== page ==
A recent IMF/PwC study has ranked Indias income-tax legislation amongst the most lengthy and surprisingly, the United States, supposedly having a complex tax system, ranks low at No 7.
Our tax system could be beyond comprehension not just for first-time tax-payers but also seasoned hard-nosed MNCs who are used to operating in multiple tax jurisdictions. At times, the thought of visiting the department could send a chill down the spine of citizens and in my view, it is the single-largest factor driving people away from the tax net a root cause behind the flourishing parallel economy. On the other side, for corporate taxpayers, the administration of tax regulations at the field level is becoming a nightmare.
Our regulation gives wide powers to the tax authorities, particularly at the assessment stage. The entire process is driven by doubt and suspicion rather than trust and faith. The benefit of doubt is invariably with the revenue department and interpretation of law is entirely the prerogative of an officer, since the structure of the law makes any intervention by a superior officer or an administrative body like the commissioner impossible. High-pitched assessments have become a norm in the recent past. What adds pressure is an expectation to fork out significant part of additional taxes demanded without going through a fair appellate process. If the assessment procedure sounds like an uphill task, the redressal mechanism is equally onerous, resulting in a disillusioned taxpayer.
Though in the past decade, the system has undergone significant reforms, a lot more ground is required to be covered to get even remotely close to global best practices. The concept of taxpayer services, which aims at encouraging and facilitating voluntary compliance is still to evolve. Promotion of voluntary compliance and introduction of scheme of self-assessment makes it necessary for the tax administration to facilitate compliance through provision of quality taxpayer services.
A crying need to improve taxpayer services was an important theme of the Kelkar task force, wherein far reaching and bold statements such as rent seekers were made to demonstrate the problem. The task force focused primarily on the role of tax administration and made far-reaching recommendations for widening the scope of the taxpayer services programme. Noteworthy among them include increasing access of taxpayers through the Internet, email etc, establishment of the institution of ombudsman for resolution of taxpayers problems, enhancing accountability of tax officials, etc. A wide range of reforms such as extension of interactive voice response system, software for preparation of returns, tax return preparation services etc have found mention in successive budgets since 2002.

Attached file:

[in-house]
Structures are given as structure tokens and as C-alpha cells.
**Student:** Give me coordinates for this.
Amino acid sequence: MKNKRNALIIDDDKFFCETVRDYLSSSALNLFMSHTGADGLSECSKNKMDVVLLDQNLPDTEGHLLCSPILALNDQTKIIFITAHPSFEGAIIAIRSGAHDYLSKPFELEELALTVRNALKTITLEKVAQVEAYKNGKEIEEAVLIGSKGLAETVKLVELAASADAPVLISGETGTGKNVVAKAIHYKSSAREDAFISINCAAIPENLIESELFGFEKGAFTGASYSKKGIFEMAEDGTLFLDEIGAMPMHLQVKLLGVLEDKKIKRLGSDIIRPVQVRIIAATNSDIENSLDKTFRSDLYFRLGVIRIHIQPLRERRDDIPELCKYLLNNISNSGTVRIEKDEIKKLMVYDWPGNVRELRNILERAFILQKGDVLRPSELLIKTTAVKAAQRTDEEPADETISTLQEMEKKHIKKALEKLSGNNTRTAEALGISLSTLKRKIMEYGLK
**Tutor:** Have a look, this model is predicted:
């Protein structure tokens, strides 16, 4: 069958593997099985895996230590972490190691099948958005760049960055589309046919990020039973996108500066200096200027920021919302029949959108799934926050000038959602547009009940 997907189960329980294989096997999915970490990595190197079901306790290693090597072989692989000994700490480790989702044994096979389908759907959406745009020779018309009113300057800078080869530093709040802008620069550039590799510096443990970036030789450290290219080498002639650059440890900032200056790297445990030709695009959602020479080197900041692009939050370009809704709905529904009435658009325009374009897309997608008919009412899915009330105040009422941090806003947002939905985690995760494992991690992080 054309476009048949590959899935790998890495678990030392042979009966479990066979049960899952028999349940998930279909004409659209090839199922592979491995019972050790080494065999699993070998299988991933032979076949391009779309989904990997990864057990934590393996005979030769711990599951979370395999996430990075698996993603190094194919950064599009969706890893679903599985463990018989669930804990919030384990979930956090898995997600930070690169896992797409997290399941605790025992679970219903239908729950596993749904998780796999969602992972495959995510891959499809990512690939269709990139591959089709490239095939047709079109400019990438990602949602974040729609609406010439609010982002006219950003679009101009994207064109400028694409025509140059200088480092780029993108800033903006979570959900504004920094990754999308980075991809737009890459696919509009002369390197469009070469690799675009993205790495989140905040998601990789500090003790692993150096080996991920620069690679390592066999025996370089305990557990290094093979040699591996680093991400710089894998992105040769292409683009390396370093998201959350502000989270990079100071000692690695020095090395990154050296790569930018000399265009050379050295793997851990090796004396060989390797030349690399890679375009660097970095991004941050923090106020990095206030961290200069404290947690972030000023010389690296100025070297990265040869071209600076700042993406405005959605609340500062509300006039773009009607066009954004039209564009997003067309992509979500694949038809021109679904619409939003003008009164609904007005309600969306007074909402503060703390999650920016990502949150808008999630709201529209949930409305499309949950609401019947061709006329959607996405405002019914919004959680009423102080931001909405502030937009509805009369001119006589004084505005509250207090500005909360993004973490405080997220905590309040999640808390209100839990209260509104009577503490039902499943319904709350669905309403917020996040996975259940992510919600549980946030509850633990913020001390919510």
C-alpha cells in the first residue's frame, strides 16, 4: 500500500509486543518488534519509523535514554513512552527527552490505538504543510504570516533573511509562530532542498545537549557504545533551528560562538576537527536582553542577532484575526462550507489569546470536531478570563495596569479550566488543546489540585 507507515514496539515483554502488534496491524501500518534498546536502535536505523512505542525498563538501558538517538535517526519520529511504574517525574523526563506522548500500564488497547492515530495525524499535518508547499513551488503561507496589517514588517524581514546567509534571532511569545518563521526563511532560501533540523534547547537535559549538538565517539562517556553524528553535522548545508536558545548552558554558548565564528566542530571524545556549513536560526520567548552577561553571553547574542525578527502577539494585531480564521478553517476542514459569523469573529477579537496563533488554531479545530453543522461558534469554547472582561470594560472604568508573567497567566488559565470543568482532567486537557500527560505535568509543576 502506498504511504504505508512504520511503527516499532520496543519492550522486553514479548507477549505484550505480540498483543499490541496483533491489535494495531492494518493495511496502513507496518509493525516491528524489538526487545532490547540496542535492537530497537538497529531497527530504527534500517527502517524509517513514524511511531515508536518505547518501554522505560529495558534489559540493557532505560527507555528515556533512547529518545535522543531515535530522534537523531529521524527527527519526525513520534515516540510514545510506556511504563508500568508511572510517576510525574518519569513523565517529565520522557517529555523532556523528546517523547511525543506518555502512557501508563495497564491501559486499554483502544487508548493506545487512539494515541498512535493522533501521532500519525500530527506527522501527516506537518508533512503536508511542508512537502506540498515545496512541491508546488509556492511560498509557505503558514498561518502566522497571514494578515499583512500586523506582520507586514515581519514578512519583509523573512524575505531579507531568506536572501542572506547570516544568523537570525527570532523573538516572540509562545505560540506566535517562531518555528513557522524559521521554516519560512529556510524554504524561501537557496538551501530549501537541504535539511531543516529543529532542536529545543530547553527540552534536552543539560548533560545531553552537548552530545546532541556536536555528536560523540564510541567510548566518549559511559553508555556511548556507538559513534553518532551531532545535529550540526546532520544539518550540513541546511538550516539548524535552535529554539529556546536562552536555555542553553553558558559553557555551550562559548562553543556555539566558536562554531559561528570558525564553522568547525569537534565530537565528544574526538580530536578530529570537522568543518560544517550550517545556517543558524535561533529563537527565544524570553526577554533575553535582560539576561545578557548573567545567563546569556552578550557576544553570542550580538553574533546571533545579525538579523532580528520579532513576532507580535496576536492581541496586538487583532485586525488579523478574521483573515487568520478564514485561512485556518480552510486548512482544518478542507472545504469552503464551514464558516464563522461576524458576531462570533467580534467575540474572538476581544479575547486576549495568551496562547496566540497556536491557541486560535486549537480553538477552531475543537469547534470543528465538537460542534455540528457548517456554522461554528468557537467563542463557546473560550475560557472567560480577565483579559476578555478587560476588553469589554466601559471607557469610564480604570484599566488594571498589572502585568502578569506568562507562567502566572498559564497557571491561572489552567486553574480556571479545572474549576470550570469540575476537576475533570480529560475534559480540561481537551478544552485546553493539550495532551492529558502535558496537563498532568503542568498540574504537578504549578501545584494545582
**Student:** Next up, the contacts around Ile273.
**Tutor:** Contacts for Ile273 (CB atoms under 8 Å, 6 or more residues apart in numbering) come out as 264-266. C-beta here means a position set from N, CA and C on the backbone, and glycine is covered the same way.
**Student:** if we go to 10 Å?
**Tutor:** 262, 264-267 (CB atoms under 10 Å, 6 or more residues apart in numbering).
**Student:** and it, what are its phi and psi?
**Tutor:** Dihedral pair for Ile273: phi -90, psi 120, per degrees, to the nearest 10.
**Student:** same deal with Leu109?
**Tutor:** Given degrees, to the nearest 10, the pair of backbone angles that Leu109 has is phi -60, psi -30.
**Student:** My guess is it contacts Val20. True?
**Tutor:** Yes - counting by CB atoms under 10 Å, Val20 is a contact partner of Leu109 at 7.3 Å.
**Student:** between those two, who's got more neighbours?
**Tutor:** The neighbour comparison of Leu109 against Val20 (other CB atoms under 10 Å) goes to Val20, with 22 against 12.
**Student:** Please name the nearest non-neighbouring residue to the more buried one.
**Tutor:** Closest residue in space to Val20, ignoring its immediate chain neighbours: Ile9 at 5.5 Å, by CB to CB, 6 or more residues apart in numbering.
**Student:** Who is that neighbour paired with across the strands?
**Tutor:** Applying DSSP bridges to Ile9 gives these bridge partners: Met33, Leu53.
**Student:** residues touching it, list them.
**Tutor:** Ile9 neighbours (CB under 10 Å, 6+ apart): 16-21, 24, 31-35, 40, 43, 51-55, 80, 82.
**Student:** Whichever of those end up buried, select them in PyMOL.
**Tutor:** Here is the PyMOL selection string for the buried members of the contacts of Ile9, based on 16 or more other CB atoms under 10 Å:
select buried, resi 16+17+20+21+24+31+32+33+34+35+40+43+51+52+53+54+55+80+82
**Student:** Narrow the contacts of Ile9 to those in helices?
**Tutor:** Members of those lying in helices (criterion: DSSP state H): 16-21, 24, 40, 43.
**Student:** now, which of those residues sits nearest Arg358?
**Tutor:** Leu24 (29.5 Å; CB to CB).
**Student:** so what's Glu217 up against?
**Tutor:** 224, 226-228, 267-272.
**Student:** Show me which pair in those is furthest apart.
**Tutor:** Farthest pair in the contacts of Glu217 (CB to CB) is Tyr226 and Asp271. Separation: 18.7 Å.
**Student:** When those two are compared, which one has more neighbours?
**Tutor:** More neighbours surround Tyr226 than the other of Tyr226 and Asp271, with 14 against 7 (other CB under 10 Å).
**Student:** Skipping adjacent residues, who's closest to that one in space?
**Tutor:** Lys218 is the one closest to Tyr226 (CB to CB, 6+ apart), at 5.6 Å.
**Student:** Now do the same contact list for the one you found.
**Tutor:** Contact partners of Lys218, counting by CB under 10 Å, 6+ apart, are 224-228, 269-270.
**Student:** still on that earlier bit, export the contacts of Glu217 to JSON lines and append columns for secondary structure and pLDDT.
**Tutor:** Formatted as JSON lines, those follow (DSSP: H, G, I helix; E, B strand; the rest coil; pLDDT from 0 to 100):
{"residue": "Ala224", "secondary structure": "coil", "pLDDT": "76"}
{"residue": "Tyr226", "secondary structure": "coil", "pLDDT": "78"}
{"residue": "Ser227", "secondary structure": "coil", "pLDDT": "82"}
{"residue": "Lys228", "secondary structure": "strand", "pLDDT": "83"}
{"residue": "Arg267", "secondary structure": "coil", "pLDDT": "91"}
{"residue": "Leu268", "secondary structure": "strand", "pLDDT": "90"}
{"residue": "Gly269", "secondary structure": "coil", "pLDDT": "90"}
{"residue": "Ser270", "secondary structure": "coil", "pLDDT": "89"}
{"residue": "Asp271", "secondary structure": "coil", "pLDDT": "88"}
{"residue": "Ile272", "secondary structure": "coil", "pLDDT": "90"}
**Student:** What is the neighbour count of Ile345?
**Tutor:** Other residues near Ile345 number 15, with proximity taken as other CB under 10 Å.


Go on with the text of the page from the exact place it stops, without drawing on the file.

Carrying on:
With an objective of protecting the taxpayers rights and reducing his burden, the government has announced the setting up of a Tax Ombudsman and notified the 2006 Scheme. Similar schemes are present for redressal of customers grievances under banking, insurance, securities and electricity laws. The success story of ombudsmen in banking and insurance services has been the driving factor for this.
The scheme allows an opportunity to make application for redressal of grievance to a person appointed by the government as an ombudsman. True to its spirit, the ombudsmans office shall be independent of the jurisdiction of the income-tax department. To start with, the offices of ombudsman shall be located in 12 major cities including the four metros and Bangalore. It is anticipated that the scheme would later get extended to other locations. The ombudsman will have the power to receive complaints, review them and issue appropriate orders. The complaints would typically relate to administrative aspects such as delay in issuance of tax refunds, non-acknowledgement of letters or documents sent to the department, non-updation of demand and other registers leading to harassment of taxpayers, lack of transparency in identifying cases for scrutiny assessment, delays in giving effect to appellate orders and allotment of permanent account numbers (PANs) etc. Whats more - complaints against unwarranted rude behaviour of tax officials, non-adherence to working hours, violation of administrative instructions and circulars issued by the Central Board of Direct Taxes (CBDT) can also be made. However, no complaint shall be entertained for any matter before an appellate authority/tribunal/courts.